What makes the North York Moors so good for mountain biking?

February 13, 2023 4 min read

What makes the North York Moors so good for mountain biking?

A blog by Tony Harker, author of North York Moors Mountain Biking. Buy the fully updated second edition HERE.

Well for me, the great thing about mountain biking on the Moors is the sheer number of bridleways and other routes with public access for mountain bikes that criss-cross the length and breadth of the moors. A lot of these rights of way are double farm or moorland tracks but many are singletrack, wriggling in and out of the heather with unexpected holes, ditches and rocks to test the skills of the rider. So where are these singletracks? There are many and some only a short bike ride. Here are five of my favourite singletracks:


1. Great Hograh Moor (Skinner Howe Cross Road)

The trail goes across Great Hograh Moor with views over Baysdale Beck in the valley to the north. Although this track is good in both directions, I prefer going west to east which gives a short downhill finish to the road. This trail has suffered some wear and tear but it still provides single track riding with technical rocky sections, particularly to the west end. Mostly peaty so can be soft after periods of wet weather. Best time to ride is obviously when it's dry and when the heather is in flower. From the west, start on a short technical climb from the lovely packhorse bridge over Great Hograh Beck. From the east, the trail starts from the ‘John Breckon Road’, a short way off the Kildale – Westerdale Road.

Parking: Nearest spot would be Hob Hole GR653064. Free

Pubs/cafes: There are a couple of great pubs in Castleton.


North York Moors Mountain Biking

© John Coefield

2. Rudland Rigg from West Gill Head into Farndale

There is only one way to do this, which is from the Rudland Rigg track at West Gill Head. Although mostly level until the drop into Farndale, it can be fast.

The first half is a stony track through the heather, becoming softer after the gully crossing, then through bracken and bilberry bushes. The finish is a messy drop after the gate to a narrow farm road leading into the Farndale valley. Ride in late summer to see a myriad colours. Access Rudland Rigg from Kildale, Battersby or Stokesley in the north of Kirkbymoorside in the south.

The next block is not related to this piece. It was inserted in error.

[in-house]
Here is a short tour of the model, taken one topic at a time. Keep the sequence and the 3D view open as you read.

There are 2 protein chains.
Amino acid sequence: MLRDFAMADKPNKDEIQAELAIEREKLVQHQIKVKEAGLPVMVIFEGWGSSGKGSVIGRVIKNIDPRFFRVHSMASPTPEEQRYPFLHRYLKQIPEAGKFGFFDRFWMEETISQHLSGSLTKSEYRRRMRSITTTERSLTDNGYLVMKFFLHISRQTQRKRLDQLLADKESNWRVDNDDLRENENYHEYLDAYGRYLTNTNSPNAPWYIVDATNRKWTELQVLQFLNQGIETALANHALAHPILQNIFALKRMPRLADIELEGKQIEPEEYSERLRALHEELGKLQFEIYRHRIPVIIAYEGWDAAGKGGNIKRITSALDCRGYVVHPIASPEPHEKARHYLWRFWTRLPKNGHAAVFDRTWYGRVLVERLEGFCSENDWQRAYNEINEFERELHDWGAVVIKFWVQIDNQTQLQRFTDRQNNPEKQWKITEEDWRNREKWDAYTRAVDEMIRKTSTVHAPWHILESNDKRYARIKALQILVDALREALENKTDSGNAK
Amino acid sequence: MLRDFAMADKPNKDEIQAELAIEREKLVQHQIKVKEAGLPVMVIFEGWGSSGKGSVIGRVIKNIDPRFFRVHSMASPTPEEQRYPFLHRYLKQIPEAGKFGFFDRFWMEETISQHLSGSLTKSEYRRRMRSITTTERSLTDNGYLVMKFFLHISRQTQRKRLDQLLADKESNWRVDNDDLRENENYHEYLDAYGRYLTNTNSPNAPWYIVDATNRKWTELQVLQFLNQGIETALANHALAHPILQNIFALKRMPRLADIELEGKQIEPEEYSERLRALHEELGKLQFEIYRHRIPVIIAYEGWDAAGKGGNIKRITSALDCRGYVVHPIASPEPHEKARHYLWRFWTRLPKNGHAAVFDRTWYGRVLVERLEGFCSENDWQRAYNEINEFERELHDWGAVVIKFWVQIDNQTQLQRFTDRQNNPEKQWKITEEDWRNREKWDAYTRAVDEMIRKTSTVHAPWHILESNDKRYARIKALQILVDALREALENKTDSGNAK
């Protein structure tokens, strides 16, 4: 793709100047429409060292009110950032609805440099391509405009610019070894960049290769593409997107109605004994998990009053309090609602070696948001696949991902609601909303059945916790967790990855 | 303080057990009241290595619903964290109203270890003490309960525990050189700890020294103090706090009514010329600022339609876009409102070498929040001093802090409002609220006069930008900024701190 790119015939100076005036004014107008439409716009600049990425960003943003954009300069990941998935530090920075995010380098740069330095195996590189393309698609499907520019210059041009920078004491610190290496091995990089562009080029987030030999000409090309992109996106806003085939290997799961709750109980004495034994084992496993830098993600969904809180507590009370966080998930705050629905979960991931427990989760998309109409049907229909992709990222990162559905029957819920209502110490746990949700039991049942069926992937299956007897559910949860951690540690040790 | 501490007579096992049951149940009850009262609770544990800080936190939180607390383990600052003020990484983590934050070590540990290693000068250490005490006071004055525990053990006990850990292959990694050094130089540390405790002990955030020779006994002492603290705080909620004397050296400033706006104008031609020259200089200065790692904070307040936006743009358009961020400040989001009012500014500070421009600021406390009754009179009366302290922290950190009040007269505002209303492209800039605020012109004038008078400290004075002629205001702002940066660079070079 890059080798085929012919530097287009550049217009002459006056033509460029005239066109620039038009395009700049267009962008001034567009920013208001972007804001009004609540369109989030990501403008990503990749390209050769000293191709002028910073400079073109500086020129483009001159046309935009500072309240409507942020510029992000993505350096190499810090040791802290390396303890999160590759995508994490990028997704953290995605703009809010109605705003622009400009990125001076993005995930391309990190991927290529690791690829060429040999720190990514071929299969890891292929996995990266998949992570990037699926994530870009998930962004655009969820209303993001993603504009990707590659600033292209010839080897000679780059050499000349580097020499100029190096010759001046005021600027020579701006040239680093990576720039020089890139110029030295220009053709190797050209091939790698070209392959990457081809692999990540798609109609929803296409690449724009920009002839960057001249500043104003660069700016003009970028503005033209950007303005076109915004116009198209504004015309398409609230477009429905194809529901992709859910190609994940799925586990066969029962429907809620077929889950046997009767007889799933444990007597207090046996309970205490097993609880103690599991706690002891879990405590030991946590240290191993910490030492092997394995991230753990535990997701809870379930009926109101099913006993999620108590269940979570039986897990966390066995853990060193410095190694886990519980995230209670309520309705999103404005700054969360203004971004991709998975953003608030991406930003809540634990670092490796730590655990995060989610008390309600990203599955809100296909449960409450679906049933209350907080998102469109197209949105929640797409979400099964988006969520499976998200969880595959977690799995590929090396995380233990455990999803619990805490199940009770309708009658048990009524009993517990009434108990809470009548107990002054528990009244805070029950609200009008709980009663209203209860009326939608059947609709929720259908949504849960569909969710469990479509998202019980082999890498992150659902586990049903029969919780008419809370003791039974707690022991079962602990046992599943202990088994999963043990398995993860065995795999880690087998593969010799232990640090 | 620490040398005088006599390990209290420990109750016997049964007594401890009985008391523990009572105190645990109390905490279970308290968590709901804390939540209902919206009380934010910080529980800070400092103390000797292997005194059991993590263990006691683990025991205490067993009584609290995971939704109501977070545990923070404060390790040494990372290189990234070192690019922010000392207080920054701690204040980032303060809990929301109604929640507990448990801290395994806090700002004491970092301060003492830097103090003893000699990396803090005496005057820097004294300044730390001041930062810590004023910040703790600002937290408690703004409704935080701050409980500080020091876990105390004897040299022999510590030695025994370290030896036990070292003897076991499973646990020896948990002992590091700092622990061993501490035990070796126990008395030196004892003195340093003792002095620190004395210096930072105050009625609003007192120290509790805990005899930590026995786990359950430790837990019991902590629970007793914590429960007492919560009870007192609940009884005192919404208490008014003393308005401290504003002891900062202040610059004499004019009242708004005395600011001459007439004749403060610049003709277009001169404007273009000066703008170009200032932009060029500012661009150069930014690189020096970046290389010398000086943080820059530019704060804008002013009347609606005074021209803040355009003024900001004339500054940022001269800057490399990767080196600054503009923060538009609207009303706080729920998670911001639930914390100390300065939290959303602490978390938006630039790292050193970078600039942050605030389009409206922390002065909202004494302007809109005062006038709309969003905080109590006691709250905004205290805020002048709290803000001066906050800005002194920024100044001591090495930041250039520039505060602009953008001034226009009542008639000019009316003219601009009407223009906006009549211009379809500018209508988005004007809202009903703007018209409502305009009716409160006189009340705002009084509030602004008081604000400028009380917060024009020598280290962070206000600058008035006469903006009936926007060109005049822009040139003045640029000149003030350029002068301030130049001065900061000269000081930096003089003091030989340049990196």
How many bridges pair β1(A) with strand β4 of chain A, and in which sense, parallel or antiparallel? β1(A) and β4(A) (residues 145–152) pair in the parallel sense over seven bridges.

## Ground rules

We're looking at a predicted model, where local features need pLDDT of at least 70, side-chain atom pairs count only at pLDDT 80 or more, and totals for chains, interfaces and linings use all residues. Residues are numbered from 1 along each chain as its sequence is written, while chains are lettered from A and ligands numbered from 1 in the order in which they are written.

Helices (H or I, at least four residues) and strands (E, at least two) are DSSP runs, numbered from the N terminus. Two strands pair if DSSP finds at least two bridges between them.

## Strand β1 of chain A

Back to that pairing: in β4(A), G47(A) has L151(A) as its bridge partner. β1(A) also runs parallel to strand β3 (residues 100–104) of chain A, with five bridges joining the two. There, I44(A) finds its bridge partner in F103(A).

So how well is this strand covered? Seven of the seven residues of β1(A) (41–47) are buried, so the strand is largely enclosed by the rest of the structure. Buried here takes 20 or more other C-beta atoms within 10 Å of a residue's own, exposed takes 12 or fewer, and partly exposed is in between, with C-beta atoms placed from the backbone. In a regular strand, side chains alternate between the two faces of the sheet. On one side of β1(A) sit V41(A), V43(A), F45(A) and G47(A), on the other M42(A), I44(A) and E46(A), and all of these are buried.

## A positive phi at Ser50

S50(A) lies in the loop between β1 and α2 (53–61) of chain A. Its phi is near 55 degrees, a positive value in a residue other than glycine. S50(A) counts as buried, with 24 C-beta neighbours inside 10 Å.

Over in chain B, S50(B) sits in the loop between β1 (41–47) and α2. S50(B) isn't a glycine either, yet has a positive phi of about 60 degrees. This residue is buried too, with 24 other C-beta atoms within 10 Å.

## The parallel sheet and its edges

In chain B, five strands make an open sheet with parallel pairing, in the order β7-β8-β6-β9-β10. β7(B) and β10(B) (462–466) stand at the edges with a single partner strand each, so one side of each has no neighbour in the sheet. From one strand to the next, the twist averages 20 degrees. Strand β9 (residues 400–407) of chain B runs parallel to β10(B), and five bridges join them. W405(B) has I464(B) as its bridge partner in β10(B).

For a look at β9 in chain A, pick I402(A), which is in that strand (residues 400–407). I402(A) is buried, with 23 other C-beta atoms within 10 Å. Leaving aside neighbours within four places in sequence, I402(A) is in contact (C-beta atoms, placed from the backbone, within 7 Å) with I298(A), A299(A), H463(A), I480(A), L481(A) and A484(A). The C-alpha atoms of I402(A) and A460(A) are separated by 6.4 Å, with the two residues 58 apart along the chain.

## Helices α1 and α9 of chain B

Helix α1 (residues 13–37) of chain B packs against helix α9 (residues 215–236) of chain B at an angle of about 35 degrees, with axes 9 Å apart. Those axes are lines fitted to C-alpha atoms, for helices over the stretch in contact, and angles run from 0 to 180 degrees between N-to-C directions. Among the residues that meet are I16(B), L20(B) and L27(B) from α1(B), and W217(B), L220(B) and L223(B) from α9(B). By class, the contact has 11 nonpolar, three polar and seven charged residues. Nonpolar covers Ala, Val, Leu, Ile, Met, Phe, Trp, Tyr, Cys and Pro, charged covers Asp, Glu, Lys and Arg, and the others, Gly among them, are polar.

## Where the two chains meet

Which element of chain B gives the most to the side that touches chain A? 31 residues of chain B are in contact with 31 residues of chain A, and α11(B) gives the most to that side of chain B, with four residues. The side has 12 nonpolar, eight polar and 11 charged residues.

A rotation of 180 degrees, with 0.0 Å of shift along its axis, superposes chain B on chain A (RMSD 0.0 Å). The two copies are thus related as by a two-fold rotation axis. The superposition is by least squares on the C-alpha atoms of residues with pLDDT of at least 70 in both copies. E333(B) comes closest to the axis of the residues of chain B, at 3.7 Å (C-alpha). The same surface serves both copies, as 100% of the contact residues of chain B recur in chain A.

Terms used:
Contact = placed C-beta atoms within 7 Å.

Parking: Low Mill in Farndale is nearest and at the bottom of the trail. Pay

Pubs/cafes: The Lion Inn on Blakey Ridge.


Rosedale and Fryup. © John Coefield

3. George Gap Causeway – Glaisdale Moor

If an ancient paved trod is your thing, then George Gap Causeway will not disappoint. This is one of the many such causeways dotted around the North York Moors.

The trail stretches for one mile from the top of Fryup Head to the Blakey Ridge/Rosedale Road. About 70% of the trail is paved. I prefer starting from the road end as there is a boggy 300 metres to finish at the Fryup end which is easier riding downhill. Access from the west using the road leaving Rosedale Head to Rosedale Abbey, or Glaisdale to Rosedale Abbey Road from the east.

Parking: The road junction at GR697013 on the Rosdale Road from Ralph Cross is nearest. Free

Pubs/cafes: The Lion Inn on Blakey Ridge.



Clay Bank and Bransdale. © John Coefield

4. Stump Cross – Bransdale

A short and sweet cycling route. I love this one. Follow the track from near Stump Cross, meandering through the heather before gently descending to a sharp right bend and finishing with a steep downhill alongside a shale gully into the valley. You can access Bransdale from Helmsley.

Parking: Possibly accessed on a route from Clay Bank car park GR573035 from Urra Moor, Tripsdale and Slape Wath Moor.

Pubs/Cafes: Numerous in Great Broughton and Stokesley.


Rosedale Abbey Circuit. © John Coefield

5. Simon House Rigg

I include this trail as it is one of the longest routes at three miles. Either way is good but north to south from the ends with a climb into Cropton Forest means you will have great views to the west most of the way.

From the north, start at Mallyan Spout Hotel, near Goathland. From the south is a little trickier. You can access this track from Wardle Green in the north east corner of Cropton Forest. 

Parking: Nearest is on the wide grass verge at the Malyan Spout Inn, one mile west of Goathland. Free. There is pay car parking in Goathland with facilities.

Pubs/cafes: Malyan Spout Inn or other in Goathland.


So whether you are out on a Yorkshire mountain biking holiday or just a day ride, the North York Moors have a lot to offer.



The North York Moors has plenty of bike friendly cafes. Here are just a few:

1. Yorkshire Cycle Hub Cafe: near Fryup Gill Farm Great, Fryup, Lealholm, Whitby

2. The Rusty Bike Cafe: near Swainby, Northallerton

3. The Joiners Shop Coffee & Kitchen: near Ingleby Arncliffe, Northallerton


The North York Moors is also home to cycling friendly bed and breakfasts including:

1. Low Costa Mill can be found on the outskirts of Pickering with cycle friendly accommodation

2. High oaks Grangeon Thornton Rd, Pickering

3. High Rigg B&B, near Helmsley has free off-road parking and secure bike storage

4. Forest Holiday Cropton, near Pickering. Bike hire is available


The three main cycle centres on the North York Moors – for any level of mountain biker – are:

1. Great Fryup Dale

The Yorkshire Cycle Hub is located in Great Fryup Dale and offers a bike shop, hire and repair. It also has a cafe and accommodation. Perfect for any cyclist.

2. Dalby Forest

Dalby Forest offers the perfect getaway in the North York Moors. Here you will find some of the country’s best-created mountain biking trails, as well as a bike shop and hire.

3. Sutton Bank

Sutton Bank National Park Centre is a nature hub that attracts cyclists due to the numerous cycling facilities you will find. You can either bring your own bike or hire one at the shop. There are different cycling routes that you can access from this hub.